Crane v. Raber's Discount Tire Rack

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Justia Opinion Summary

Danny Crane sought workers' compensation benefits for hearing loss and brain injuries he alleged he suffered in a work-related accident. The workers' compensation commission denied most of Crane's claims, finding he was not entitled to benefits for temporary total disability, permanent impairment, or future medical care. The primary basis for denying these three claims was the commissioner who initially heard the case found Crane was not credible. The court of appeals reversed the commission's denial of temporary total disability benefits, but otherwise affirmed. The South Carolina Supreme Court reversed the commission's denial of permanent impairment and future medical care benefits, finding the commission erred in denying Crane's claims based on credibility without explaining any basis on which credibility could justify ignoring objective medical evidence. The matter was remanded to the commission for a new hearing on all three claims, and before a different commissioner.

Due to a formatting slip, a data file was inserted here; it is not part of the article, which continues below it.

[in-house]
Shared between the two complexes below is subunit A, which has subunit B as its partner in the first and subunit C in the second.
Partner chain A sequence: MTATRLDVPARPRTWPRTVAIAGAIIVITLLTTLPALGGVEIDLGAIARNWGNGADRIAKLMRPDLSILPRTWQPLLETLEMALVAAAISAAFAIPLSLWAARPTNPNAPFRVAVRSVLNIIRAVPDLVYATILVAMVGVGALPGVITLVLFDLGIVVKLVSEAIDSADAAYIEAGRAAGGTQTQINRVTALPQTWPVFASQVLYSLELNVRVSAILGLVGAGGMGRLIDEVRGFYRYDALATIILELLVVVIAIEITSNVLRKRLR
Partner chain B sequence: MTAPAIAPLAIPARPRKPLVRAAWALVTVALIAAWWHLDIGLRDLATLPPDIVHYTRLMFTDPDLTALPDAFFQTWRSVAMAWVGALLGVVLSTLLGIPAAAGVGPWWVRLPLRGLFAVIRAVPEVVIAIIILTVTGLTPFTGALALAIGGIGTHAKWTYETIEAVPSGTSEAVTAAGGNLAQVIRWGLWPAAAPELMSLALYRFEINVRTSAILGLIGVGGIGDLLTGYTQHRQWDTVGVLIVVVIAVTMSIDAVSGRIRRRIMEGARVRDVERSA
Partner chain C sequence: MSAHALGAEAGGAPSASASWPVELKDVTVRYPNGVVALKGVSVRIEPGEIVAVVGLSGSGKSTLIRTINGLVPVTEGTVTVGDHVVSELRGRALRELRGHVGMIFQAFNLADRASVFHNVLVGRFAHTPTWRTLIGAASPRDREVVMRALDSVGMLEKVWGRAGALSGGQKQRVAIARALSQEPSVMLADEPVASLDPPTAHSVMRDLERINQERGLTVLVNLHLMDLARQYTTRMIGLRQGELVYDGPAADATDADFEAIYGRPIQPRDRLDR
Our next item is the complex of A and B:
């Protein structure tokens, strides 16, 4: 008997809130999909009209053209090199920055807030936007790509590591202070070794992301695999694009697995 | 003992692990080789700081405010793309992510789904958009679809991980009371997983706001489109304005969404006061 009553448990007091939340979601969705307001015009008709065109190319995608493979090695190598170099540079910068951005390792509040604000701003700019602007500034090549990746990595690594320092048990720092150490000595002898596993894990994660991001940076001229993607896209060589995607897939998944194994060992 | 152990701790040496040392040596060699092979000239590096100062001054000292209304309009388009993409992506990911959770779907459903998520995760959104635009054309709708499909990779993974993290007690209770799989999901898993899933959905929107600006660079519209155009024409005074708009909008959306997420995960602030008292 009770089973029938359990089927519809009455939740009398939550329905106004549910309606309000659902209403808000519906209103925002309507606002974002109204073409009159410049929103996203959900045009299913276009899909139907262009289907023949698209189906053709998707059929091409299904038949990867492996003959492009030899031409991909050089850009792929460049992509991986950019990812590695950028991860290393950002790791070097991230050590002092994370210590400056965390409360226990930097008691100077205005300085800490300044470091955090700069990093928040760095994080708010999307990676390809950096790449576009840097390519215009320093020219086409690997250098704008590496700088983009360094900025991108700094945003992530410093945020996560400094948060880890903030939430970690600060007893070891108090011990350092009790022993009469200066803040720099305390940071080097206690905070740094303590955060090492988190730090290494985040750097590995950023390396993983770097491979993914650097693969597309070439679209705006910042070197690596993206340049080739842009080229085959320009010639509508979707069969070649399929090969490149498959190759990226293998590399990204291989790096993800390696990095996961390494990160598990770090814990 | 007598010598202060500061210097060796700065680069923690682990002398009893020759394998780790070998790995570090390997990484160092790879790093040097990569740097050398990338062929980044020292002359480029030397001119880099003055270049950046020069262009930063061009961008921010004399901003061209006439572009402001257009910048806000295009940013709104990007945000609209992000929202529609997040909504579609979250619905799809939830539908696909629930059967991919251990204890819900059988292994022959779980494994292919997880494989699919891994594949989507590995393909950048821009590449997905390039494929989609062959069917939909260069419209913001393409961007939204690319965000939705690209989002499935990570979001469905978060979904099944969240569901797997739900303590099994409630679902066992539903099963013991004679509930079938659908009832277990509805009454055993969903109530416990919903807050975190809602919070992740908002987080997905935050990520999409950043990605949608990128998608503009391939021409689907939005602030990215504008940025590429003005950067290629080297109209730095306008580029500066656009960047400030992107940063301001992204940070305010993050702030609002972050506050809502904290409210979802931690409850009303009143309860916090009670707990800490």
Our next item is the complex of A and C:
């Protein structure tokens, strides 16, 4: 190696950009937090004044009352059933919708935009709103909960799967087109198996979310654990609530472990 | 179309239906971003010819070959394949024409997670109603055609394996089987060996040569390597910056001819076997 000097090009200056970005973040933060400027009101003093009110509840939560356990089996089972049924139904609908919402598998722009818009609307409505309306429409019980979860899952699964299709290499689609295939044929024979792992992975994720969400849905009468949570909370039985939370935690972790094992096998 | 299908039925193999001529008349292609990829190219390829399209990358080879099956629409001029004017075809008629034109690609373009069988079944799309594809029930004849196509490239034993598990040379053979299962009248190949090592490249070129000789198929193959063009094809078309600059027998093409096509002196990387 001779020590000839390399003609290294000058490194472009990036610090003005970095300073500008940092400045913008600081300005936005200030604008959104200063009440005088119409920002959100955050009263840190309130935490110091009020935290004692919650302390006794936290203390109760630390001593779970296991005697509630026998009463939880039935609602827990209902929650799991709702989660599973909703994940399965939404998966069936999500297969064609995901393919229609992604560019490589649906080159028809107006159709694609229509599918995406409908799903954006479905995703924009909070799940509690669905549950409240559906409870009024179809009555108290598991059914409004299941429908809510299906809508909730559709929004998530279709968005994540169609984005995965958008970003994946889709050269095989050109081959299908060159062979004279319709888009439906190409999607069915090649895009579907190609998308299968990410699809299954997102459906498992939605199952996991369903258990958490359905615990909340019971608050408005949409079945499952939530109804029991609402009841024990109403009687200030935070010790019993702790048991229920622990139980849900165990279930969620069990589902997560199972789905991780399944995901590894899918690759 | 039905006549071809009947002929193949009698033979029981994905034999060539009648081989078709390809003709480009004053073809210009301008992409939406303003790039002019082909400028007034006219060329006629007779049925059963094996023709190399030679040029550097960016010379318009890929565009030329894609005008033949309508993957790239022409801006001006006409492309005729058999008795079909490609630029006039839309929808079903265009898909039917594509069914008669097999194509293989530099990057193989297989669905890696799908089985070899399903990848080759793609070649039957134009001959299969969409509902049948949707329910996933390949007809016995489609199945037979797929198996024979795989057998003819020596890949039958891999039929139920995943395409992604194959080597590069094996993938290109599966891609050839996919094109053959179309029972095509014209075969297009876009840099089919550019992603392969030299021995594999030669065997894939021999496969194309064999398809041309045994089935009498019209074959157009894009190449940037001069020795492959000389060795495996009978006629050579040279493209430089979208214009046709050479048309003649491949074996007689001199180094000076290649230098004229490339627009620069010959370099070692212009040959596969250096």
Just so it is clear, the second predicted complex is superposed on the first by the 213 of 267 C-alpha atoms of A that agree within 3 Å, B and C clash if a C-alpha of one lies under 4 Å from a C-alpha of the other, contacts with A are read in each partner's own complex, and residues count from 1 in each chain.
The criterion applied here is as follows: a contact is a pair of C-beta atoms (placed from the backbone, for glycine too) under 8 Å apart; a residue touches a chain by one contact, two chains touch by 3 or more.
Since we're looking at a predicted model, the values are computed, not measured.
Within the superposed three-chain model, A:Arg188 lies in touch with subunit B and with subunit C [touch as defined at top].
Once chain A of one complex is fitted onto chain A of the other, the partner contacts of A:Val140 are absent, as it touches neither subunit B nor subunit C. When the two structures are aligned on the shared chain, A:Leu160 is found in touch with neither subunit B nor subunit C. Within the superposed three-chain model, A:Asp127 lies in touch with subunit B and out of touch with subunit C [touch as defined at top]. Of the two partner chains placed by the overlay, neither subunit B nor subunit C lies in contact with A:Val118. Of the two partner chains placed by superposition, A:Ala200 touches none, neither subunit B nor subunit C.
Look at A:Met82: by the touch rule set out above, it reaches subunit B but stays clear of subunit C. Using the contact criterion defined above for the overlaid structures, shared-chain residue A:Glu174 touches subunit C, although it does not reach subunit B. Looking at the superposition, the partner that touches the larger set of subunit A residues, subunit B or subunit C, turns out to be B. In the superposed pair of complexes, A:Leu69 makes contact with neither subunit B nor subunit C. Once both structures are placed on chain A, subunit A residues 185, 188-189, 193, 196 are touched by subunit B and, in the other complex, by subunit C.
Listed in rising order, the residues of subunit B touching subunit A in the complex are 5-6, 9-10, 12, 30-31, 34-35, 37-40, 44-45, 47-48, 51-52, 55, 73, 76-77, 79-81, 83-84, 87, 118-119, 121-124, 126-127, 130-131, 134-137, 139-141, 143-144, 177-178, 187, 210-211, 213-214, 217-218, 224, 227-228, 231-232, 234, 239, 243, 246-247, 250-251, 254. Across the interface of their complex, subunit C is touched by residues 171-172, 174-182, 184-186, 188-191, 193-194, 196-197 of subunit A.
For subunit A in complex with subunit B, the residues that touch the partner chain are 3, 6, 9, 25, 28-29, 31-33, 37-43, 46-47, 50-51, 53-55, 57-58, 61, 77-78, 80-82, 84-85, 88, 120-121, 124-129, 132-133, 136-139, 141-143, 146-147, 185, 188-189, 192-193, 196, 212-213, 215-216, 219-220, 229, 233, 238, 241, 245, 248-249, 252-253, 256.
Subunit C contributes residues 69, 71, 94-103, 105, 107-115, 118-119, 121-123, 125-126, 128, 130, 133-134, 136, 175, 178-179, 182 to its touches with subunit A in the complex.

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THE STATE OF SOUTH CAROLINA In The Supreme Court Danny B. Crane, Petitioner, v. Raber's Discount Tire Rack, Employer, and South Carolina Uninsured Employers' Fund, Respondents. Appellate Case No. 2018-000959 ON WRIT OF CERTIORARI TO THE COURT OF APPEALS Appeal from the Workers' Compensation Commission Opinion No. 27951 Heard October 16, 2019 – Filed March 11, 2020 REVERSED AND REMANDED Stephen Benjamin Samuels, Samuels Law Firm, LLC, of Columbia, for Petitioner. Matthew Joseph Story and Daniel Paul Ranaldo, Clawson & Staubes, LLC, of Charleston; and Lisa C. Glover, of Columbia, for Respondent South Carolina Uninsured Employers' Fund. JUSTICE FEW: Danny Crane sought workers' compensation benefits for hearing loss and brain injuries he alleged he suffered in a work-related accident. The workers' compensation commission denied most of Crane's claims, finding he was not entitled to benefits for temporary total disability, permanent impairment, or future medical care. The primary basis for denying these three claims was the commissioner who initially heard the case found Crane was not credible. The court of appeals reversed the commission's denial of temporary total disability benefits, but otherwise affirmed. We now reverse the commission's denial of permanent impairment and future medical care benefits. We remand to the commission for a new hearing on all three claims. Our courts have frequently held that when the commission makes a credibility determination based on substantial evidence, the credibility finding itself is substantial evidence, and factual findings properly based on the credibility finding are binding on the courts. See, e.g., Lee v. Bondex, Inc., 406 S.C. 97, 101, 749 S.E.2d 155, 157 (Ct. App. 2013) (holding the commission's finding that "four doctors' opinions were 'more persuasive on the issue of causation' than other medical evidence" was a "credibility determination" that "if supported by substantial evidence, is binding on the court," and affirming the commission's factual finding of compensability based on that credibility determination (citing S.C. Code Ann. § 123-380(5) (Supp. 2019))). The commission may not, however, give artificial importance to a credibility determination when credibility is not a reasonable and meaningful basis on which to decide a question of fact. In this case, Crane's lack of credibility was not a reasonable and meaningful basis on which to ignore objective medical evidence. Therefore, the commissioner and the appellate panel improperly based the factual determination to deny Crane's claims on the commissioner's credibility finding. I. Facts and Medical History On February 19, 2014, Danny Crane was working as a mechanic at Raber's Discount Tire Rack in Barnwell, South Carolina. Crane heard a hissing noise coming from an air-powered tire changer. He and a coworker were investigating the cause of the noise when an air hose attached to the tire changer suddenly separated from its fitting, causing an explosion-like sound. Surveillance video shows Crane stepped away from the tire changer and covered his ears with his hands. Crane testified that immediately after the incident, his ears were ringing, he was in pain, and he could not hear. He texted his wife and asked her to pick him up to take him to the emergency room. Crane's wife drove him to Barnwell County Hospital, where Crane complained of difficulty hearing in both ears and assessed his ear pain as an 8 out of 10. The emergency room doctor diagnosed Crane with conductive hearing loss and referred him to an ear, nose, and throat specialist. The next morning, Crane saw Dr. John Ansley, an otolaryngologist at Carolina Ear Nose and Throat Clinic in Orangeburg. In his physical examination, Dr. Ansley observed both of Crane's eardrums had "perforations." Dr. Ansley conducted a hearing test, and the resulting audiogram1 showed Crane had severe sensorineural hearing loss in both ears. Dr. Ansley wrote in his report, "Hopefully his thresholds will improve." At a follow-up appointment on March 6, however, Dr. Ansley conducted another hearing test that indicated Crane "actually had a shift downward" in his hearing. The March 6 test showed "profound hearing acuity loss in both ears." Because Crane's hearing loss had not improved, Dr. Ansley referred Crane to the Medical University of South Carolina for an auditory brainstem response test. However, Crane's medical insurance did not cover the test, the Uninsured Employers' Fund denied the entire claim and thus refused to pay for it,2 and the commission did not require it. To this date, Crane has not received the test. On May 19, 2014, Dr. David Rogers—a medical expert Crane retained—examined him. Dr. Rogers found both of Crane's eardrums were ruptured. He described a 60% tear in the right eardrum and an 80% tear in the left. Dr. Rogers diagnosed Crane with permanent and profound bilateral sensorineural hearing loss and concluded his hearing could not be restored by natural means. Crane saw other doctors after his accident for problems such as dizziness, headaches, a fall resulting in a broken rib, and continuing pain from the broken rib. On February 25, 2014, Crane had a CT scan that showed normal results. After the initial hearing but before the commissioner issued a written order, the commissioner permitted Crane to supplement the record with the results of a third hearing test, conducted August 19, 2014, at Carolina Ear Nose and Throat. The audiogram from that test showed Crane suffers from "profound hearing loss" in the right ear and "profound to severe hearing loss" in the left ear. The otolaryngologist who saw him that day An audiogram is, "The graphic record drawn from the results of hearing tests with an audiometer, which charts the threshold of hearing at various frequencies against sound intensity in decibels." Audiogram, STEDMAN'S MEDICAL DICTIONARY (28th ed. 2006). 1 Raber's was not insured, and for that reason the Uninsured Employers' Fund is responsible for Crane's claim. See S.C. Code Ann. § 42-1-415(A) (2015) ("The Uninsured Employers' Fund shall assume responsibility for claims within thirty days of a determination of responsibility made by the commission."). 2 noted Crane "reads lips," and wrote, "He should be considered disabled because of this." II. Proceedings at the Commission Crane filed a Form 50 alleging "head injury and hearing loss" from being hit in the head by an object and from the explosion-like sound. In his pre-hearing brief, Crane alleged he "suffered head/brain injuries, severe hearing loss, and psychological overlay." As to the alleged brain injury, Crane argued he was not at maximum medical improvement, and thus "a determination of physical brain damage is premature and not before the Commission at this hearing." The employer and the Uninsured Employers' Fund each filed a separate Form 51 denying all claims. Commissioner Susan Barden promptly held the initial hearing on June 26, 2014. The medical evidence described above was included in the record, and Crane was the only witness. In her April 30, 2015 order, the commissioner focused almost exclusively on Crane's credibility. She wrote, "Claimant's conduct/presentation at the hearing (including prior to opening the record) was more revealing than the substance of his actual testimony." She added, "Claimant's 'display' and evasiveness at the hearing . . . make me seriously question whether or not there was an actual injury" and "if Claimant had legitimate, causally-related hearing loss he would have felt no need to 'perform' at the hearing." She stated Crane's ability to hear or not hear questions was "selective" and "had no modicum of consistency." She again referred to Crane's testimony as an "inconsistent performance," and stated his acting was "very poor." She mentioned "other problematic issues," which she did not name. However, referring to the surveillance video of the incident as though this evidence obligated her to find some injury, the commissioner found Crane did "sustain[] an injury to his ears." Based primarily on the finding Crane's testimony was not credible, the commissioner denied Crane's claims for temporary total disability, permanent impairment, and future medical care. The appellate panel affirmed. The court of appeals affirmed the appellate panel as to permanent impairment and future medical care, but reversed as to temporary total disability. Crane v. Raber's Discount Tire Rack, Op. No. 2018UP-085 (S.C. Ct. App. filed Feb. 14, 2018). We granted Crane's petition for a writ of certiorari. III. Analysis Our review of the decisions of the workers' compensation commission is governed by the Administrative Procedures Act. Hutson v. S.C. State Ports Auth., 399 S.C. 381, 387, 732 S.E.2d 500, 502 (2012); Lark v. Bi-Lo, Inc., 276 S.C. 130, 134, 276 S.E.2d 304, 306 (1981). The Act provides, "The court may not substitute its judgment for the judgment of the agency as to the weight of the evidence on questions of fact." S.C. Code Ann. § 1-23-380(5) (Supp. 2019). As to questions of fact, "The court may reverse or modify the decision if substantial rights of the appellant have been prejudiced because the . . . findings . . . are . . . (e) clearly erroneous in view of the reliable, probative, and substantial evidence on the whole record." Id. When the commission makes a finding of fact that is properly supported by substantial evidence, the courts must uphold it. Pierre v. Seaside Farms, Inc., 386 S.C. 534, 540, 689 S.E.2d 615, 618 (2010). The commission often makes findings of fact based on credibility determinations. In numerous cases, our courts have upheld factual findings the commission made based on its credibility determination. See, e.g., Langdale v. Carpets, 395 S.C. 194, 203, 717 S.E.2d 80, 84-85 (Ct. App. 2011) (upholding the determination that insurance coverage exists based on the commissioner's decision to believe one witness over another, "which we defer to on appeal"); Fishburne v. ATI Sys. Int'l, 384 S.C. 76, 90, 681 S.E.2d 595, 602 (Ct. App. 2009) (upholding the commission's findings regarding the extent of injury because the commission determined the claimant "was not credible"); McGriff v. Worsley Cos., Inc., 376 S.C. 103, 113-14, 654 S.E.2d 856, 861-62 (Ct. App. 2007) (upholding the finding that an injury was compensable based in part on the commission's credibility determination). The reason we consistently affirm these findings derives from a principle that applies beyond credibility to all factual determinations of the commission: "an award must be founded on evidence of sufficient substance to afford a reasonable basis for it." Hutson, 399 S.C. at 387, 732 S.E.2d at 503 (quoting Wynn v. Peoples Nat. Gas Co. of S.C., 238 S.C. 1, 12, 118 S.E.2d 812, 818 (1961)). When the commission's factual determination is "founded on evidence of sufficient substance," and the evidence "afford[s] a reasonable basis" for the commission's decision in the case, the evidence meets the "substantial evidence" standard and we are bound by the decision. This point is illustrated in the hundreds of cases in which our appellate courts have affirmed factual determinations by the commission. The counterpoint is illustrated by Hutson, in which we reversed a factual determination by the commission. In Hutson, the claimant sustained an injury that prevented him from "continuing in his life's occupation as a crane operator." 399 S.C. at 387, 732 S.E.2d at 503. He sought to prove disability through wage loss under section 42-9-20 of the South Carolina Code (2015). 399 S.C. at 385, 732 S.E.2d at 502. Thus, we stated, "The sole question before us . . . [was] whether his injury will also prevent him from earning the same wages in another job." 399 S.C. at 387-88, 732 S.E.2d at 503. The commission found the claimant failed to prove he suffered a wage loss that qualified him for disability under section 42-9-20. 399 S.C. at 385, 732 S.E.2d at 502. The evidentiary basis for this factual determination was the claimant's testimony he believed he could make money running a restaurant. 399 S.C. at 385, 388, 732 S.E.2d at 501-02, 503. The commissioner who conducted the initial hearing "concluded that because Hutson could not testify as to how much he would make as a restaurateur, there was no way to determine if he would suffer any loss of earning capacity." 399 S.C. at 385, 732 S.E.2d at 502. The commissioner specifically stated that but for this testimony by the claimant, he would have found the claimant disabled. Id. The court of appeals in Hutson affirmed, ruling substantial evidence supported the commission's factual finding that the claimant failed to prove his wage-loss claim. Hutson v. State Ports Auth., 390 S.C. 108, 114, 700 S.E.2d 462, 466 (Ct. App. 2010). This Court reversed. 399 S.C. at 390, 732 S.E.2d at 504. The Court explained two reasons the claimant's testimony did not qualify as "substantial evidence" under the Administrative Procedures Act. First, we stated "despite [the claimant]'s confidence in his own abilities, the record is clear that [he] had no experience running a restaurant or an understanding of what doing so entails." 399 S.C. at 388, 732 S.E.2d at 503. We found it "is abundantly clear from [the claimant]'s testimony . . . that he never worked in a restaurant in his life, much less operated one, and he clearly had no idea what income he might realize from such a venture." 399 S.C. at 390, 732 S.E.2d at 504. We criticized the commission's "use [of the claimant's] unsupported and wildly optimistic goals" as evidence to support the denial of his wage loss claim. 399 S.C. at 388, 732 S.E.2d at 503. Second, we considered the context of the testimony. We explained the testimony was not offered to prove he could make the same money running a restaurant that he made operating a crane, which was "approximately $90,000 per year." 399 S.C. at 385, 732 S.E.2d at 501. Rather, "the sole purpose for [the claimant's] testimony was to support [his] request that his award be paid to him in a lump sum." 399 S.C. at 388, 732 S.E.2d at 503. The claimant "desire[d] to continue to have a productive work life," and he made a "commendable" request that the commission give him the best chance to do so by awarding benefits in a lump sum. 399 S.C. at 390, 732 S.E.2d at 504. "In sum," we held, "the full commission's conclusion is based on rank speculation and cannot now be used as the basis for denying [the] claim for lost wages." 399 S.C. at 389-90, 732 S.E.2d at 504. Under Hutson, when the commission's factual finding is not "founded on evidence of sufficient substance to afford a reasonable basis" for the finding, we will not uphold it. In cases in which we affirmed factual findings of the commission based on its credibility determination, we did so because it made sense for the commission to use credibility as the dispositive factor in deciding the particular issue. In Langdale, for example, the resolution of the insurance coverage question before the commission depended on whether the manager of an employment management agency's client told the agency that a particular employee was to be covered for workers' compensation. 395 S.C. at 202, 717 S.E.2d at 84. The evidence on the point was disputed, 395 S.C. at 203, 717 S.E.2d at 84-85, but the commission's determination to believe the manager's testimony logically resolved the factual dispute. Thus, the commission's credibility determination was a reasonable and meaningful basis for its decision. Lee v. Bondex, Inc.—referenced above—also illustrates the important role credibility findings play when credibility reasonably and meaningfully relates to factual disputes to be decided by the commission. In Lee, the claimant was installing a large metal hood at his employer's plant when the hood fell on him. 406 S.C. at 99, 749 S.E.2d at 156. The claimant testified a sharp edge landed on his shoulder, resulting in immediate pain and difficulty working. 406 S.C. at 99-100, 749 S.E.2d at 156. The compensability of his injuries depended on "whether they were caused by the hood falling on his shoulder." 406 S.C. at 100, 749 S.E.2d at 156. The commissioner denied the claim, finding he did not prove he suffered a compensable injury. Id. The appellate panel found the injury was compensable and reversed. Id. "[T]he appellate panel specifically relied on four doctors who examined [the claimant], each of whom gave the opinion that the accident caused his injuries. The appellate panel specifically found the four doctors' opinions were 'more persuasive on the issue of causation' than other medical evidence indicating the injury was not work-related." 406 S.C. at 101, 749 S.E.2d at 156-57. The court of appeals affirmed because the appellate panel's reliance on the credibility of the four doctors made sense. The commission's credibility determination was a reasonable and meaningful basis on which to decide the dispositive factual question of whether the injury was workrelated, and thus compensable. The court held, "This credibility determination by the appellate panel," which the court found was supported by substantial evidence, "is binding on the court." 406 S.C. at 101, 749 S.E.2d at 157. In cases where credibility is not a substantial issue, however, even a valid credibility finding is not a proper basis for deciding a question of fact. This case illustrates that point. Even if Crane was untruthful in his testimony at the hearing, his claims for future medical care, temporary total disability, and permanent impairment caused by hearing loss are based on objective medical evidence. The opinions of his treating physicians that he suffers from severe to profound hearing loss as a result of his work-related accident are similarly based on objective medical evidence. There is little in Crane's medical records—or anywhere in the record before us—that indicates Crane's credibility reasonably and meaningfully relates to whether he actually suffered hearing loss on February 19, 2014. To make a proper review of a factual determination by the commission based on credibility, the appellate court must not only understand that the commission relied on the credibility finding; the court must also be able to understand the reasons the evidence supports the credibility finding, and must be able to understand the reasons credibility supports the commission's decision. In most cases, this is obvious from context. In Langdale, for example, it required no explanation from the commission for the reviewing court to understand that the credibility determination—the manager did tell the agency a particular employee was to be covered—resolved the disputed factual question of insurance coverage. In other cases—like this one—more explanation is required. In cases like this, the commission may not simply recite its finding that a witness is not credible, but must explain the basis for its credibility finding.3 Then, the commission must explain how To some extent, Commissioner Barden did explain the basis for her credibility finding. Her explanation, however, reads as though she decided to find Crane not believable and then searched for reasons to justify her preconception. For example, the commissioner found Crane's testimony he cannot work because it is too loud to be inconsistent with his testimony he has to turn up the radio in the car to hear it. It is true he testified to those things, but the commissioner's conclusion he lacked credibility does not flow from the testimony. Crane testified he has almost been run over at work several times because he cannot hear cars and other vehicles. To hear these vehicles and avoid being run over, he must turn up his hearing aids so loud that the background noise gives him headaches. He also testified he must set the car 3 the credibility determination is important to making the particular factual finding. See generally Pack v. State Dep't of Transp., 381 S.C. 526, 535, 673 S.E.2d 461, 466 (Ct. App. 2009) (reversing the commission because of "its failure to explain exactly why it denied Pack's claim"). Here, neither Commissioner Barden nor the appellate panel gave any explanation how Crane's lack of credibility can justify ignoring the medical evidence, or how his credibility even relates to whether he suffered hearing loss. Four physicians diagnosed Crane with severe to profound hearing loss. Those diagnoses appear to have been based on at least two objective observations by the physicians. First, Crane's eardrums were ruptured, with one doctor describing a 60% tear in the right eardrum and an 80% tear in the left. Second, Crane had at least three hearing tests that showed severe to profound hearing loss in both ears. We can discern no basis—either from context or from the commission's orders—on which the commission could find Crane lied to make his eardrums appear ruptured. Similarly, neither the context of the commission's decision nor any explanation in the commission's orders give us any meaningful basis on which to understand that Crane's lack of credibility justifies ignoring the results of three different hearing tests—conducted by two different ear, nose, and throat specialists—each of which showed severe to profound hearing loss. As we required in Hutson, the commission's factual determinations "must be founded on evidence of sufficient substance to afford a reasonable basis for it." 399 S.C. at 387, 732 S.E.2d at 503. IV. Conclusion Credibility can be important in resolving factual disputes before the commission. When credibility is a reasonable and meaningful basis on which to make a factual determination, and when there is evidence of sufficient substance to afford a reasonable basis for the credibility finding, we will uphold the commission's factual determinations on the basis of credibility. However, that was not the case here. The commission erred in denying Crane's claims for hearing loss based on credibility without explaining any basis on which credibility could justify ignoring objective medical evidence. We remand to a different commissioner for a new hearing. The commissioner must reconsider the date of maximum medical improvement and make de novo findings on Crane's claims for temporary total disability, permanent radio volume very high or he cannot hear it. Those statements are clearly not inconsistent with each other. They are consistent with his claim of hearing loss. The commissioner relied on several other alleged inconsistencies that do not seem all that significant when taken in context. Nevertheless, there is some evidence to support the commissioner's finding Crane lacked credibility. impairment, and future medical care based on his alleged hearing loss, head or brain injury, and psychological overlay. BEATTY, C.J., KITTREDGE, HEARN and JAMES, JJ., concur.